I don't understand the problem here. Is WotC forcing everyone involved to cease all home roleplaying in favor of their playtest? Are they making everyone wait around sitting on their rears in between new material? 4 Weeks is really the attention span people have today? Honestly?
    For various reasons, we get to play one session every two to three weeks. If we alternated with another standing game, we'd have 4-6 weeks between actual campaign episodes. After the four(?) 5e sessions we've had, we all feel like we've got enough information to appropriately critique the system (generally, we all feel it rocks). We're ready for the next step.

    I'd be okay with setting aside the playtest for a bit, but I don't want to be caught flat-footed by (grant advantage to?) the next round of play testing. Last time, we'd only gotten one session in before the survey. I could see getting one session of a Shadowrun (likely alternate) game in and having to decide whether to carry the story and miss the survey or skipping out of a campaign and participating in the play test. I'd rather not make that choice.

    I'm not sure how much time I expected between play test "patches", but I definitely am a bit bewildered by having one survey two weeks after release and then nothing for another month or more. I figured there'd be a second round of feedback, by now.

    I don't mind WotC taking some care with the materials. I rather appreciate it. I'd just like to have a hint about how to plan.

    Odds are that I'll be adding some meat onto the bare bones of the play test. We decided that we were going to dispense with any pretense of a story and just get right to testing the rules, so we didn't waste precious time. The local town doesn't even have a name (nor does anyone in it). I think I'm going to fix that and have the PCs get a side trek of some sort. That'll give me a chance to see how smoothly adventure creation goes with the new system.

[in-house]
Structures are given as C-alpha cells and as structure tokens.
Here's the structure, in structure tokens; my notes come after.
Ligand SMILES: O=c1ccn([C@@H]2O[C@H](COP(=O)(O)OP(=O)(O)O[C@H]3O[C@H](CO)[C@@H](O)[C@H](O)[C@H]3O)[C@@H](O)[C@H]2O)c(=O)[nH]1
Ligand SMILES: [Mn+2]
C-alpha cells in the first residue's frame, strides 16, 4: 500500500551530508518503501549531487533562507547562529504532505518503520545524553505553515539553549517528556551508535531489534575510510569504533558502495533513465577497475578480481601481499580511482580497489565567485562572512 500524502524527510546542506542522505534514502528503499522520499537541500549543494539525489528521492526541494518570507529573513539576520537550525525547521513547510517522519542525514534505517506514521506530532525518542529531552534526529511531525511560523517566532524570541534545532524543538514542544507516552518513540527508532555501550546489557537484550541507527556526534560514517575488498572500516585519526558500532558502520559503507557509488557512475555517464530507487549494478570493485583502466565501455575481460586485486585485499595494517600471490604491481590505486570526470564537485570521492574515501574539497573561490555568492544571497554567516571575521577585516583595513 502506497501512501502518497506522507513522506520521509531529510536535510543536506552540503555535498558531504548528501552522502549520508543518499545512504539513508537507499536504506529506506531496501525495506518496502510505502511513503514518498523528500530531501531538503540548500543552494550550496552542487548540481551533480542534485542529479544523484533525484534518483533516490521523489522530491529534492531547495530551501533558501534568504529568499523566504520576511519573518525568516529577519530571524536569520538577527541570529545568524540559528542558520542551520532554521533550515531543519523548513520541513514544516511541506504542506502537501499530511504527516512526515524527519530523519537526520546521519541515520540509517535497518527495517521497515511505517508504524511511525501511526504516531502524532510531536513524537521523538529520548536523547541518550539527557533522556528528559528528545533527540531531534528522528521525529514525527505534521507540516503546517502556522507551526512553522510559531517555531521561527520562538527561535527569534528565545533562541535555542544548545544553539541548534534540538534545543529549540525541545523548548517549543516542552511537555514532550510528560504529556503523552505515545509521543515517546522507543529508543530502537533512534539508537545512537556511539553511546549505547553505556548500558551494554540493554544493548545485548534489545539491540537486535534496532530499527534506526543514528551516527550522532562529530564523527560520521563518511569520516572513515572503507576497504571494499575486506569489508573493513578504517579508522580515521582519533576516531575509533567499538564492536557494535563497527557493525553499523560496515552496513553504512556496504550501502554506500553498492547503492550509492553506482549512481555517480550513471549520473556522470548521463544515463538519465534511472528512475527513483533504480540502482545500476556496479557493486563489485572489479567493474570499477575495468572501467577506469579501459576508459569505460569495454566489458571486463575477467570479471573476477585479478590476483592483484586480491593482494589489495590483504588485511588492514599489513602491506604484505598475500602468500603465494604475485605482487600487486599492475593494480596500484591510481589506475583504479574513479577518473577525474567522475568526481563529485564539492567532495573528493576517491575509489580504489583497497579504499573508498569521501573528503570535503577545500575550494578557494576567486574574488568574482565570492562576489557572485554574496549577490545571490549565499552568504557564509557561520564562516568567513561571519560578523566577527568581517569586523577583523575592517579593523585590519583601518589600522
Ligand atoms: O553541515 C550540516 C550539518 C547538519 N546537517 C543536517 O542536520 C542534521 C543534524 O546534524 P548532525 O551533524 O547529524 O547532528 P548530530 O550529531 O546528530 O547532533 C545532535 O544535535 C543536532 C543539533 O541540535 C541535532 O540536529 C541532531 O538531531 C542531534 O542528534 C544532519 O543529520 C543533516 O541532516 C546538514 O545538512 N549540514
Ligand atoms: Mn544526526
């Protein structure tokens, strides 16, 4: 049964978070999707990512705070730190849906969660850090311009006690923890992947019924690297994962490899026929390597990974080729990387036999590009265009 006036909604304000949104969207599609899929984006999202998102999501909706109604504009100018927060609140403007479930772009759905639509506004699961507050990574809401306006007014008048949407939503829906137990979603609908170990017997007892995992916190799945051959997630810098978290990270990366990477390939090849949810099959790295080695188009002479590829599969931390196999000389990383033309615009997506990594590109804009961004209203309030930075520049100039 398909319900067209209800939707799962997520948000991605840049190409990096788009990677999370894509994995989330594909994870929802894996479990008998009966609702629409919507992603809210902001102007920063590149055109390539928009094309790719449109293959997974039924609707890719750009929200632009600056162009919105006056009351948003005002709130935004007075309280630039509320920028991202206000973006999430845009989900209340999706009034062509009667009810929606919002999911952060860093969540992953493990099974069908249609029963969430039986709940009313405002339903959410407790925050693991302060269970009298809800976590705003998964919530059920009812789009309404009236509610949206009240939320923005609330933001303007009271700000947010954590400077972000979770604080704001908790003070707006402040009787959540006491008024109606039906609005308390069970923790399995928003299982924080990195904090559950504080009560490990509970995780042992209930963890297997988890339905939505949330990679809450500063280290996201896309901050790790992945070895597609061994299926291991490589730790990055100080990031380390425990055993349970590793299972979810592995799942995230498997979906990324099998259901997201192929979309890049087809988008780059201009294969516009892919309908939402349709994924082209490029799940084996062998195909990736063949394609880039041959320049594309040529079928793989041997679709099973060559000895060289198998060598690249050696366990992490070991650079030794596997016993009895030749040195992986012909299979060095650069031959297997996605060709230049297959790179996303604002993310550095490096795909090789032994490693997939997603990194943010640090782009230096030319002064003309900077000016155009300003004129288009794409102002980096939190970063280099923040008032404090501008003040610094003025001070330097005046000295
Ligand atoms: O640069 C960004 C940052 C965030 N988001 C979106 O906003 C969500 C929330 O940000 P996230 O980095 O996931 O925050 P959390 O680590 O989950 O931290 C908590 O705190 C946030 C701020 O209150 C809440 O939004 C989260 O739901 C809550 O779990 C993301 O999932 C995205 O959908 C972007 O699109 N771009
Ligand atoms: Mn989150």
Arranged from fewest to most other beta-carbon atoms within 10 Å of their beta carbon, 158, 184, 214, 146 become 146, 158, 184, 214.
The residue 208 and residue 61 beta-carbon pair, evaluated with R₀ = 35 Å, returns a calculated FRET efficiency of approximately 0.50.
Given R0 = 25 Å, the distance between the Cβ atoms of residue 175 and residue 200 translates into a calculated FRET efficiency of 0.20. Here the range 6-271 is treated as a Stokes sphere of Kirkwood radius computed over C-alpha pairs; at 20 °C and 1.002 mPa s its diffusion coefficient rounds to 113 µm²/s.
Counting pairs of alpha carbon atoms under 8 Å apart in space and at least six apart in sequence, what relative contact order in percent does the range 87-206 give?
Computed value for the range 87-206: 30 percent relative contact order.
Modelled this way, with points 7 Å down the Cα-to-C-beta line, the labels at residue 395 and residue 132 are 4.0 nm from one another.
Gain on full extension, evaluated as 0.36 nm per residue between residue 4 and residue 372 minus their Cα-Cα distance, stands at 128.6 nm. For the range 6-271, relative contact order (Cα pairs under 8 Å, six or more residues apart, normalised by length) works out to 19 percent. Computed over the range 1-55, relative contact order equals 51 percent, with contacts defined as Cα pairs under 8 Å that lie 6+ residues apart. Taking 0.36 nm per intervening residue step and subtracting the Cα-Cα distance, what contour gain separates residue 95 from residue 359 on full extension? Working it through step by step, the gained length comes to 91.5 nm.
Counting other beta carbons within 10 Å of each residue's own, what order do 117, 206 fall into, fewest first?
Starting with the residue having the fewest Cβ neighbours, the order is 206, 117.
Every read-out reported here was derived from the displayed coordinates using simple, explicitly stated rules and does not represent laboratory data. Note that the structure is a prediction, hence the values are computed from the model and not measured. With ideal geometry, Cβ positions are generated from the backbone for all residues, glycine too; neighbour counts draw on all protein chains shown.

That'll keep us from any false starts with another system, when our real interest is in D&D Next. But, there's only so much I can do without the next layer of information.

  • #74
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    Quote Originally Posted by Nagol View Post
    Making and using such conversions would be against the terms of use for the playtest package would it not? No derivative work, et cetera?
    In general I tend to be overly concerned with any NDAs I make as part of playtesting. I tend to take a conservative approach in part because I am thankful to the companies that give me their trust and allow me to influence a game's development and in part because I want to see them prosper.